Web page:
It is seen that for co-passing particles the force points radially inwards close to r 1 , and thus acts so as to diminish the initial outward plasma displacement. In contrast, counter-passing particles create a force that points radially outward close to r 1. In this sense, the counter-passing ions have the opposite dynamics to energetic trapped ions, and attempt to amplify the initial outward radial fluid displacement. We note that the forces plotted in Figure 3 have the same normalization, and hence it is seen that passing ion kinetic effects compete with trapped ion kinetic effects.
Simulations undertaken with effective tail temperature larger than keV for the same cyclotron frequency show 23 , 24 that passing ion kinetic effects are dominant by virtue of the enhanced radial guiding centre motion. Nevertheless, crucially, we point out here that the effects of co- and counter-passing ions shown in Figure 3c,d almost cancel if the distribution of fast ions is symmetric in the parallel velocity note that a resonance effect not of concern here can remain under certain conditions In a , the radial profile of the normalized poloidal electric field , or equivalently the normalized radial fluid displacement , is shown for an internal kink displacement.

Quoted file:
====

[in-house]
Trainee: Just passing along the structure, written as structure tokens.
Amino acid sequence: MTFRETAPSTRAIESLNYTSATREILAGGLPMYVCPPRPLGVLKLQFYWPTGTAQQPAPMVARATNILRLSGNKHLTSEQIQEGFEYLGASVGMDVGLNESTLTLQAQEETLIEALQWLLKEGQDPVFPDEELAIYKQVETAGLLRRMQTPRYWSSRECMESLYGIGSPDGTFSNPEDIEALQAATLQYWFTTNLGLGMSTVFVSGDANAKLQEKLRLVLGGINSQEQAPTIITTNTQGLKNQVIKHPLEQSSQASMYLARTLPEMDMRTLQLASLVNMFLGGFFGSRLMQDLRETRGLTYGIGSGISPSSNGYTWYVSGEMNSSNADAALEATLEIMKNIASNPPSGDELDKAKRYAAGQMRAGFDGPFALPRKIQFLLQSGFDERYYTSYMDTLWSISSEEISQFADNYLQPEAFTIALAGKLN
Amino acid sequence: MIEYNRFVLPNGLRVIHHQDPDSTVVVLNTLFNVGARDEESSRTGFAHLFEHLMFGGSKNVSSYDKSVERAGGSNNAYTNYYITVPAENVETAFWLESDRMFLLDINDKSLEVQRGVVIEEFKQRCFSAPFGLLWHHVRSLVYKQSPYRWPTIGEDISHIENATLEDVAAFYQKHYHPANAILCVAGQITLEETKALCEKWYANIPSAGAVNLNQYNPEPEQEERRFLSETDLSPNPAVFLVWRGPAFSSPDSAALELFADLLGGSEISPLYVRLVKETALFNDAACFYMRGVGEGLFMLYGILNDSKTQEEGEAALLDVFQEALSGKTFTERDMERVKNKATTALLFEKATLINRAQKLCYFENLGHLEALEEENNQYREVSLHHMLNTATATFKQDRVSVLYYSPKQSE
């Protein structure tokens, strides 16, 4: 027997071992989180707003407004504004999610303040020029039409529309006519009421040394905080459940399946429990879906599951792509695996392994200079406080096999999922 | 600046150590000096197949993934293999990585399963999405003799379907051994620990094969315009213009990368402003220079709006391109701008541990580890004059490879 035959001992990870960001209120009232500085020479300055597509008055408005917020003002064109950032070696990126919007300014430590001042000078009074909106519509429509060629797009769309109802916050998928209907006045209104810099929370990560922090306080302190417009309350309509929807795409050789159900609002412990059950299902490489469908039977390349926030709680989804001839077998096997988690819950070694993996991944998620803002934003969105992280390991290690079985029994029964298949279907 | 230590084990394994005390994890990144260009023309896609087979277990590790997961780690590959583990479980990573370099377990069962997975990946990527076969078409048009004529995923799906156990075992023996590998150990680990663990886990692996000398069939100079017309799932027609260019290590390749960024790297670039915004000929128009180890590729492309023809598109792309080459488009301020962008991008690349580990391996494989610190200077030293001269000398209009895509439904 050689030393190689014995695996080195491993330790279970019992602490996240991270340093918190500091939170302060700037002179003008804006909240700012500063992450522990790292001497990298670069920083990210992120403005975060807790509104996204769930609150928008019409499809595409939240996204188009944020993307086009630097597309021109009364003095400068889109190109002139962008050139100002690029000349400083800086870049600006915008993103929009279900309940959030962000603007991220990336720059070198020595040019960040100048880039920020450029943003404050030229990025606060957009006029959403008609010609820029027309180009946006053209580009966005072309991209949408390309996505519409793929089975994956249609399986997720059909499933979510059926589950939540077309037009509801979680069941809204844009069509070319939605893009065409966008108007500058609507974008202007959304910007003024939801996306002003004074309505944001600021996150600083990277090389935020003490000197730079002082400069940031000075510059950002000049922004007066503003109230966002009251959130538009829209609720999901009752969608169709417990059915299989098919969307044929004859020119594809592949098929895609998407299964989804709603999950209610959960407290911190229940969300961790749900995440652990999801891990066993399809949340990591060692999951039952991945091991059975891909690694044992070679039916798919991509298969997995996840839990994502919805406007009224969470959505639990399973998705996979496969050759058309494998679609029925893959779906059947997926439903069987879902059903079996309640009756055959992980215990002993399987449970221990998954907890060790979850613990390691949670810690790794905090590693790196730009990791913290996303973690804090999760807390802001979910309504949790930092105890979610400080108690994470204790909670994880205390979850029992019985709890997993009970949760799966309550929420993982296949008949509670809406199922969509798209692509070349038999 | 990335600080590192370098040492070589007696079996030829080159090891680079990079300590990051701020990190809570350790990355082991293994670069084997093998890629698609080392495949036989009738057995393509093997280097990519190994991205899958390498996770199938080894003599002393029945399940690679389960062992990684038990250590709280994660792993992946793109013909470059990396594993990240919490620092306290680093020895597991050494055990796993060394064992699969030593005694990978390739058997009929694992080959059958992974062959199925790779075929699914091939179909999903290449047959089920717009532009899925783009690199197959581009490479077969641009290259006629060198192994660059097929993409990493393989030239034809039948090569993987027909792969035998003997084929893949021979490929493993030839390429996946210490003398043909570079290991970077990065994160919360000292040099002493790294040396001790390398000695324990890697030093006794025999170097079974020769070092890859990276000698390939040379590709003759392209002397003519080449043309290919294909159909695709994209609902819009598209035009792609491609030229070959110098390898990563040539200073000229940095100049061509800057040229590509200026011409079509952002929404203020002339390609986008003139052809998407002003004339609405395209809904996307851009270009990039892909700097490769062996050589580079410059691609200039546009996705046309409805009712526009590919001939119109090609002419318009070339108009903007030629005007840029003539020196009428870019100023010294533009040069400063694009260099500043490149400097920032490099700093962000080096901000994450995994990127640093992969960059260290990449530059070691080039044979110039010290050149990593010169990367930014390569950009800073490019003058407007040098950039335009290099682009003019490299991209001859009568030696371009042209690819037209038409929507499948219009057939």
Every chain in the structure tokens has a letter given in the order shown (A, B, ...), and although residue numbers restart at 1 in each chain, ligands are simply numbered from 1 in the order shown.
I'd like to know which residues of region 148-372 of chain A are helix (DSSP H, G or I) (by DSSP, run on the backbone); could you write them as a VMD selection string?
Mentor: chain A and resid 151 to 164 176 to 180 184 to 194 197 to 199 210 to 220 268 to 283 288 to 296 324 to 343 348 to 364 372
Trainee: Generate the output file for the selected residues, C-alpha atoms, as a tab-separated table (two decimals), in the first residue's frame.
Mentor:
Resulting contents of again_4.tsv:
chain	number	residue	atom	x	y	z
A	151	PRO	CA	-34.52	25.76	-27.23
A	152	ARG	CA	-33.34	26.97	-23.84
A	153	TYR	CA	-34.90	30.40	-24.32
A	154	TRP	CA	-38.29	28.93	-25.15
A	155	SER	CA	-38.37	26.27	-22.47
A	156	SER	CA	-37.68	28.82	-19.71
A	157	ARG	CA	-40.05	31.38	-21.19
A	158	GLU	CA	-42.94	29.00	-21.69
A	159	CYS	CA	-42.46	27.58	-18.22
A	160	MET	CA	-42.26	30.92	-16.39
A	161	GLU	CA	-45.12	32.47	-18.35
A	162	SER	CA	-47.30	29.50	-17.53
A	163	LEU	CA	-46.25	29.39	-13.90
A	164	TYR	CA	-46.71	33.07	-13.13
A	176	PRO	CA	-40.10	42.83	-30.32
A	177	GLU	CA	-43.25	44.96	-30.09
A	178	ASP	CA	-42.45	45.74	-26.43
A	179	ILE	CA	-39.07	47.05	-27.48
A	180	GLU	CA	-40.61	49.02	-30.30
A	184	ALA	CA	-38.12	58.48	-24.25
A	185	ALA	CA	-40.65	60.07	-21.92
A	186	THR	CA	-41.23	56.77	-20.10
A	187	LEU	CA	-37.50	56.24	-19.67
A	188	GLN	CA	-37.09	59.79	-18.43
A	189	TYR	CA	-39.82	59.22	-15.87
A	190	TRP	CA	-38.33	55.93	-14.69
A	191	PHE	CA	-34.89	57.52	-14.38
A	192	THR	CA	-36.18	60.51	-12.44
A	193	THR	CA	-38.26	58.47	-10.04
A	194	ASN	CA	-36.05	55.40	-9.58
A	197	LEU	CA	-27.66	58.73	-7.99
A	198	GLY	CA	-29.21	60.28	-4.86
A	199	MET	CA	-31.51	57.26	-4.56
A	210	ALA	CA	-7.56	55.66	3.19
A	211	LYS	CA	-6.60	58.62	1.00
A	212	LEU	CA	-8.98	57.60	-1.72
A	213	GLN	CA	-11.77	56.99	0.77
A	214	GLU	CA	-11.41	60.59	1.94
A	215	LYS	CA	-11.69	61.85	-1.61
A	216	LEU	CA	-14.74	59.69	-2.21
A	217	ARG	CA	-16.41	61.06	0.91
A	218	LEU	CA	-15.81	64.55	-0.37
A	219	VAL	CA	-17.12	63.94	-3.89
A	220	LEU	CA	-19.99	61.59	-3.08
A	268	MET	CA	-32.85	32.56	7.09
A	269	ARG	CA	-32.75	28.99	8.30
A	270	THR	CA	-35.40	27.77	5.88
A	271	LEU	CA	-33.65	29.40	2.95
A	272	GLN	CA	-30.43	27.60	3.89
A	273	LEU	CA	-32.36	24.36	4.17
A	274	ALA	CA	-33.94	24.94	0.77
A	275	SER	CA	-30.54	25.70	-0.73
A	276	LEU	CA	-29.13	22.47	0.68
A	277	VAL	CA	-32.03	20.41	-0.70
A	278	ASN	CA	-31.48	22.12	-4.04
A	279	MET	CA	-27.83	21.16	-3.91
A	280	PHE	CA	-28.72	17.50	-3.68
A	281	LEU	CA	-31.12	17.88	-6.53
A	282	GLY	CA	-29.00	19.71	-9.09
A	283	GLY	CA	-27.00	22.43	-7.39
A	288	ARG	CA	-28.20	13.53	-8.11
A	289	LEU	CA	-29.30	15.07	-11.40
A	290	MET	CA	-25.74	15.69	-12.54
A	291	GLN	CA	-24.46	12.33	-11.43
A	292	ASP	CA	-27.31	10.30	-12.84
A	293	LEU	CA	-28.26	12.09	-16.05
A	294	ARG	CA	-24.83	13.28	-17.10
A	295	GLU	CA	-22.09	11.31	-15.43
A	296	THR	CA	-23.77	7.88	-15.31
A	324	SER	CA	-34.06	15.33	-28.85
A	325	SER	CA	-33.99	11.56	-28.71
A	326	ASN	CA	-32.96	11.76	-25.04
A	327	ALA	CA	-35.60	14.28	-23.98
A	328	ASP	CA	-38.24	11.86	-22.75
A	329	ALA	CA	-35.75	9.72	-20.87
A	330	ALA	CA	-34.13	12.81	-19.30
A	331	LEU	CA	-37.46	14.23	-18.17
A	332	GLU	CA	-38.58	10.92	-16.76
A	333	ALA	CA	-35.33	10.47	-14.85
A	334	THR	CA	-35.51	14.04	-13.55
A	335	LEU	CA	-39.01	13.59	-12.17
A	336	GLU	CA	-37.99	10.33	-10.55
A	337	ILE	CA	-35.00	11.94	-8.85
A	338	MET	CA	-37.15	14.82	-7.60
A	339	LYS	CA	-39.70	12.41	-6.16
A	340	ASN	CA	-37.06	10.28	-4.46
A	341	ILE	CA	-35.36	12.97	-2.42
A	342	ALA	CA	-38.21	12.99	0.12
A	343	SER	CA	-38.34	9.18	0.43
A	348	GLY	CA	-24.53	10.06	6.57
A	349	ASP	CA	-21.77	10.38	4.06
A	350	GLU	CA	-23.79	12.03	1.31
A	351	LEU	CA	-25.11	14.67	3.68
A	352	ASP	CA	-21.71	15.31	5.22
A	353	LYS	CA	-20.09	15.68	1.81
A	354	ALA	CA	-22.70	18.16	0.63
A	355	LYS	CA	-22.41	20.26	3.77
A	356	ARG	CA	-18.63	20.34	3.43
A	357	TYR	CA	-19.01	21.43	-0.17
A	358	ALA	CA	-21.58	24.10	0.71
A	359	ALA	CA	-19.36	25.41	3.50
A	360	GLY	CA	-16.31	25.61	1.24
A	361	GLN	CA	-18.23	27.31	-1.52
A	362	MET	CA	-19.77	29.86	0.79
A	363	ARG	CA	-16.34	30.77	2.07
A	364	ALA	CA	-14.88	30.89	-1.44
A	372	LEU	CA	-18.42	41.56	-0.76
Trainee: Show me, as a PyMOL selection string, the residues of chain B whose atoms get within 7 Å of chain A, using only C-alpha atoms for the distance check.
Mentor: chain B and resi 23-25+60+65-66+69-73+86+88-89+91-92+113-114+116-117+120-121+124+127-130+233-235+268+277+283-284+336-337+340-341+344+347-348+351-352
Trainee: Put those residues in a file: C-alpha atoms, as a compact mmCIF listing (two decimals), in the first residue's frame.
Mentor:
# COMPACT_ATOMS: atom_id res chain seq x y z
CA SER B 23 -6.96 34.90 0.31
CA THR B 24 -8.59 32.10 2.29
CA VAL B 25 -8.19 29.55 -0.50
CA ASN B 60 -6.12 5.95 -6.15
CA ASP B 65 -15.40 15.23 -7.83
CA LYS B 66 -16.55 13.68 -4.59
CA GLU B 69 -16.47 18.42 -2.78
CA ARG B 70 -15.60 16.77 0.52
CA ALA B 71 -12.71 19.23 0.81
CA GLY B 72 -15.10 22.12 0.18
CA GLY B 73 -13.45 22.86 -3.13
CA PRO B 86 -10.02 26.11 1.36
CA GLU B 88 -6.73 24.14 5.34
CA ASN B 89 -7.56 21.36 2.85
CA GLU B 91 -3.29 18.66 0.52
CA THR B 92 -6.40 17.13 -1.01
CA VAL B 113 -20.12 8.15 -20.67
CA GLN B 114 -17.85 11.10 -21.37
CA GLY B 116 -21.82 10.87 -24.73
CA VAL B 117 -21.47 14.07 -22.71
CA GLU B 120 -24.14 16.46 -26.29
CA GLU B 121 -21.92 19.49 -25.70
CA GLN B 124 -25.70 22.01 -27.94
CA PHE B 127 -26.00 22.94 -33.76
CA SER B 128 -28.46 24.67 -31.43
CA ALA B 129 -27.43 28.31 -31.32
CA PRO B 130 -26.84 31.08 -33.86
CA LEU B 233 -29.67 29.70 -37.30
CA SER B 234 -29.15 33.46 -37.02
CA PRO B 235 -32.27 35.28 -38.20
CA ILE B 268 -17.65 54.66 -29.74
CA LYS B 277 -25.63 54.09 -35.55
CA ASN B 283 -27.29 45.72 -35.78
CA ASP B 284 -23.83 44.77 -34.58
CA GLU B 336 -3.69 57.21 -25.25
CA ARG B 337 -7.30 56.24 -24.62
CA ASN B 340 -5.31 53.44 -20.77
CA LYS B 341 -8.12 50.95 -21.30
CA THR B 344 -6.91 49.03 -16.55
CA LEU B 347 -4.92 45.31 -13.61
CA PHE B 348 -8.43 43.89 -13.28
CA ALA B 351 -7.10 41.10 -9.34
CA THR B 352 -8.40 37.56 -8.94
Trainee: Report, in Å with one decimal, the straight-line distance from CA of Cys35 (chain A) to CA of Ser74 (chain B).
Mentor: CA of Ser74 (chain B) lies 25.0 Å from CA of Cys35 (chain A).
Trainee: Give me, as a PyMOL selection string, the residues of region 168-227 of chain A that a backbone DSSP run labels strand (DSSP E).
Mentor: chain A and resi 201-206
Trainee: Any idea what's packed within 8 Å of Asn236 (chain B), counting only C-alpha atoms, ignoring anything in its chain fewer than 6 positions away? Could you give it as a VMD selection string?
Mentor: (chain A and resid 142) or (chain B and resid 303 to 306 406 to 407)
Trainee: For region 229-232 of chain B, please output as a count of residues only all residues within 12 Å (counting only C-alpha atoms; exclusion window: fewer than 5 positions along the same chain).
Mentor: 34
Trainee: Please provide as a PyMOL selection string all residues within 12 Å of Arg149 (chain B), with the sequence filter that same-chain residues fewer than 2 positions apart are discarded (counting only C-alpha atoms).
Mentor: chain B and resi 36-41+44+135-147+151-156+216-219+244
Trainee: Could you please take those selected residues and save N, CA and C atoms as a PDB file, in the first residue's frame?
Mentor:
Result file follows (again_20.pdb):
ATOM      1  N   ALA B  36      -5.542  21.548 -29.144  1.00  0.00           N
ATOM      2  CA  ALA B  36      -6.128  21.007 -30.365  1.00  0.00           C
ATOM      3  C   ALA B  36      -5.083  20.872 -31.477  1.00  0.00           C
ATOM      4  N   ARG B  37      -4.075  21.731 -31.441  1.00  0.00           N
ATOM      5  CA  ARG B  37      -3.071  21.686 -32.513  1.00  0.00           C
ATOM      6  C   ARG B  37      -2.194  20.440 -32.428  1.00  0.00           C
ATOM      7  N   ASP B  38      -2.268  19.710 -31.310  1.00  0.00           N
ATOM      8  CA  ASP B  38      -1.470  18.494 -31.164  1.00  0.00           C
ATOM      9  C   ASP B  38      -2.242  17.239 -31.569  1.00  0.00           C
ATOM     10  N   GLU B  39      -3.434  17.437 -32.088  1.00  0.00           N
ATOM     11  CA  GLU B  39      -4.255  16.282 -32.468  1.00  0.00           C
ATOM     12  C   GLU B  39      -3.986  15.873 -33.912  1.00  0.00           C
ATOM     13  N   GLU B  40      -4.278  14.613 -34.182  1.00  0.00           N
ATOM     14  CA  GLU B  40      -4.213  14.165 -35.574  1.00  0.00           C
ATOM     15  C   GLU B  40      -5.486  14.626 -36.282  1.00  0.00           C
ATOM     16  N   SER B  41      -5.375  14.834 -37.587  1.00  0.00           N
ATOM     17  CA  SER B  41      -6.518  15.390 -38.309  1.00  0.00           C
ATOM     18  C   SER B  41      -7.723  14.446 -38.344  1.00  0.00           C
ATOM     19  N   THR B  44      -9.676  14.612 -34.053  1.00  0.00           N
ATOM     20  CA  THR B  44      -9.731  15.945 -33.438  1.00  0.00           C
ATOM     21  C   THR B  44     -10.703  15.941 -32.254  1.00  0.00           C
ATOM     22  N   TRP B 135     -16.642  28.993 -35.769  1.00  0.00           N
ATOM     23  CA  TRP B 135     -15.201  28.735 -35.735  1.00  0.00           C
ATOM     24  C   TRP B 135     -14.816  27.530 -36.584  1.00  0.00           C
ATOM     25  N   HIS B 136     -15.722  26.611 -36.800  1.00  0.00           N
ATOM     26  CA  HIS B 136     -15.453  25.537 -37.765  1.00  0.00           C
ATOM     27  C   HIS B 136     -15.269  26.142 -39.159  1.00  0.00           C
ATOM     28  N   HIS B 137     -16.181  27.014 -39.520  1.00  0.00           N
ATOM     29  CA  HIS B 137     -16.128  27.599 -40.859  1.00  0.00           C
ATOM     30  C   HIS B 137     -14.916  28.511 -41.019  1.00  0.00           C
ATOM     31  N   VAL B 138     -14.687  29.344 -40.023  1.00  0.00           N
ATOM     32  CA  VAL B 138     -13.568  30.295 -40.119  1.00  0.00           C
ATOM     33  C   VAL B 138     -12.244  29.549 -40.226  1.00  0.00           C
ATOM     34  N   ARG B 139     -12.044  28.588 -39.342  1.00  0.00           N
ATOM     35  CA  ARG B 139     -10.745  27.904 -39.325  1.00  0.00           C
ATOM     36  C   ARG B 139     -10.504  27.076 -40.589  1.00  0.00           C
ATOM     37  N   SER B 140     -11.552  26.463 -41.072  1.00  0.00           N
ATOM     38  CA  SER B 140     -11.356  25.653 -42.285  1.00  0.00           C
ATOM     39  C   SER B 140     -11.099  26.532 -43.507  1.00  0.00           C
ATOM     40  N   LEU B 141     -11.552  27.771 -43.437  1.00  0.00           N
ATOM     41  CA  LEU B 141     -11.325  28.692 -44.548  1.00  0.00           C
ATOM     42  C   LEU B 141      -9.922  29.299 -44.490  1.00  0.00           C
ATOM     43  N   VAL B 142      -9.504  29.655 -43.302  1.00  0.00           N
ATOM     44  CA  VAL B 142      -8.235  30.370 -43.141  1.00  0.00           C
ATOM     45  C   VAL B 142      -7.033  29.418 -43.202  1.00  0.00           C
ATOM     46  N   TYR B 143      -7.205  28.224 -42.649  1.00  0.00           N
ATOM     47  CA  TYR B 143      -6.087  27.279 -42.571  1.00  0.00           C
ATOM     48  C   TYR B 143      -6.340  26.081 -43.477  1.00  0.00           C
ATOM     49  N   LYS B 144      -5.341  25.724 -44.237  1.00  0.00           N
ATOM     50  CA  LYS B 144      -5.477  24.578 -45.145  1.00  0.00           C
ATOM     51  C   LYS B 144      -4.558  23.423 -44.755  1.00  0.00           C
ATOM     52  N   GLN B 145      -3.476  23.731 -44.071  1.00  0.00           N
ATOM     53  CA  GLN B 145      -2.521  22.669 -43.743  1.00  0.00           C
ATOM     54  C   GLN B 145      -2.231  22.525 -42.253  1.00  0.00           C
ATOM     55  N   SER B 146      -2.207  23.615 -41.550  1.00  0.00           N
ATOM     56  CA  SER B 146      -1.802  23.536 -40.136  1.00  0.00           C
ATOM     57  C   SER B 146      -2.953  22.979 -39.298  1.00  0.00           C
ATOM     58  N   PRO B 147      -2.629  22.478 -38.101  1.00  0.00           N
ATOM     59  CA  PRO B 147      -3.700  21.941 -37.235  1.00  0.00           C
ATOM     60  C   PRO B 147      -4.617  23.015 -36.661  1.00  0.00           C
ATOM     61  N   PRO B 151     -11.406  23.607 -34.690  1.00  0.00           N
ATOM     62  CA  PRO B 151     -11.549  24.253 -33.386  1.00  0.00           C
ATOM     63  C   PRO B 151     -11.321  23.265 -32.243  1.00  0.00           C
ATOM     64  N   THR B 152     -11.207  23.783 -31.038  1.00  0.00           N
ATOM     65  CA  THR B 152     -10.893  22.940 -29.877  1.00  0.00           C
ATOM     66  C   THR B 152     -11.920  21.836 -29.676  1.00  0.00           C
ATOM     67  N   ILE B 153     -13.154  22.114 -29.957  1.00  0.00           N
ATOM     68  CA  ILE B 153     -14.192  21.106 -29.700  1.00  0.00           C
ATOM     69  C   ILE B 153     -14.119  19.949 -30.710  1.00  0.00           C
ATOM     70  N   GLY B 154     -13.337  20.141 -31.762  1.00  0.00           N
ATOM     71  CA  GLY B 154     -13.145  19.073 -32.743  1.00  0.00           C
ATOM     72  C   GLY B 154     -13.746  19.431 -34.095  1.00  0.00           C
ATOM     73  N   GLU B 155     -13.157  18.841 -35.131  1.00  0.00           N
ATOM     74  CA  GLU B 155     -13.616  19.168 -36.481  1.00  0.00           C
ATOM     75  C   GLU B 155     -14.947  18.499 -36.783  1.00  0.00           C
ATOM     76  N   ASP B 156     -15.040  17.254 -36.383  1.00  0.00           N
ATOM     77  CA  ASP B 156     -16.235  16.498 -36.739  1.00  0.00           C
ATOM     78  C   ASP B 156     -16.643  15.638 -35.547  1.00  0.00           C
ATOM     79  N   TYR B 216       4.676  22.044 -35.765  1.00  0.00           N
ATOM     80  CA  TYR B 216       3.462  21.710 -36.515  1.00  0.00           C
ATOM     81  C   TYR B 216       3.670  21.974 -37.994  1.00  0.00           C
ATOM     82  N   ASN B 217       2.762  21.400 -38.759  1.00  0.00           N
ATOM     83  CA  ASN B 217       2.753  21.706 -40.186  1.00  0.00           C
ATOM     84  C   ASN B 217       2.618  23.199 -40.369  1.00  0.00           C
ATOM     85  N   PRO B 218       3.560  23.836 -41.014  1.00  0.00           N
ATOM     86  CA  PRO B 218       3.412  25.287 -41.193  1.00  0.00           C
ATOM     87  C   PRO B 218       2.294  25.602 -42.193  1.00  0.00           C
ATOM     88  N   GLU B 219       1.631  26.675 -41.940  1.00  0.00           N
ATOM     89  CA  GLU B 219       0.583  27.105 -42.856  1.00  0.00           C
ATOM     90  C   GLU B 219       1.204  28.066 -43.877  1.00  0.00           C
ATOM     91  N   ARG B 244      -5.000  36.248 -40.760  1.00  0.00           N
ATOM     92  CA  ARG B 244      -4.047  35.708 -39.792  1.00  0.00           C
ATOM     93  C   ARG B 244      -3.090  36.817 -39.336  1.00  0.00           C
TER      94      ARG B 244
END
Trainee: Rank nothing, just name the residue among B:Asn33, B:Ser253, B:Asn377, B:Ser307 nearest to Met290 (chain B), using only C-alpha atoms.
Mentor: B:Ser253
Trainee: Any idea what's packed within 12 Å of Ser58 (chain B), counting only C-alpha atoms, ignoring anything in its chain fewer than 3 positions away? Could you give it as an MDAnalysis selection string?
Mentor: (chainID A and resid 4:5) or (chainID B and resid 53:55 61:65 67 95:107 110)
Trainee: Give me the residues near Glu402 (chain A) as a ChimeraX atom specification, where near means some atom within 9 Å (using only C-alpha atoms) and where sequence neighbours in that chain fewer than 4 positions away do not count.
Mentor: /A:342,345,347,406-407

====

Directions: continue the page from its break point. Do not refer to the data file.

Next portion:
The assumed 3 He Maxwellian ion population is distributed parabolically in radius. It is crucial that sawtooth control is demonstrated in reactor-relevant high-performance conditions. Consequently, the experiments addressed by this paper make the leap to conditions akin to those in ITER, the design of which has been made possible because of our growing understanding of fast ion interaction with sawteeth, as reviewed in refs 26 , The JET experiments reported here have been designed with large auxiliary heating power, where enhanced co-current NBI power stabilizes sawteeth, and in this respect takes the place of fusion alpha particles in ITER.
In Figure 4, we quantify the degree of asymmetry for auxiliary heating methods used in the JET sawtooth control experiments described below.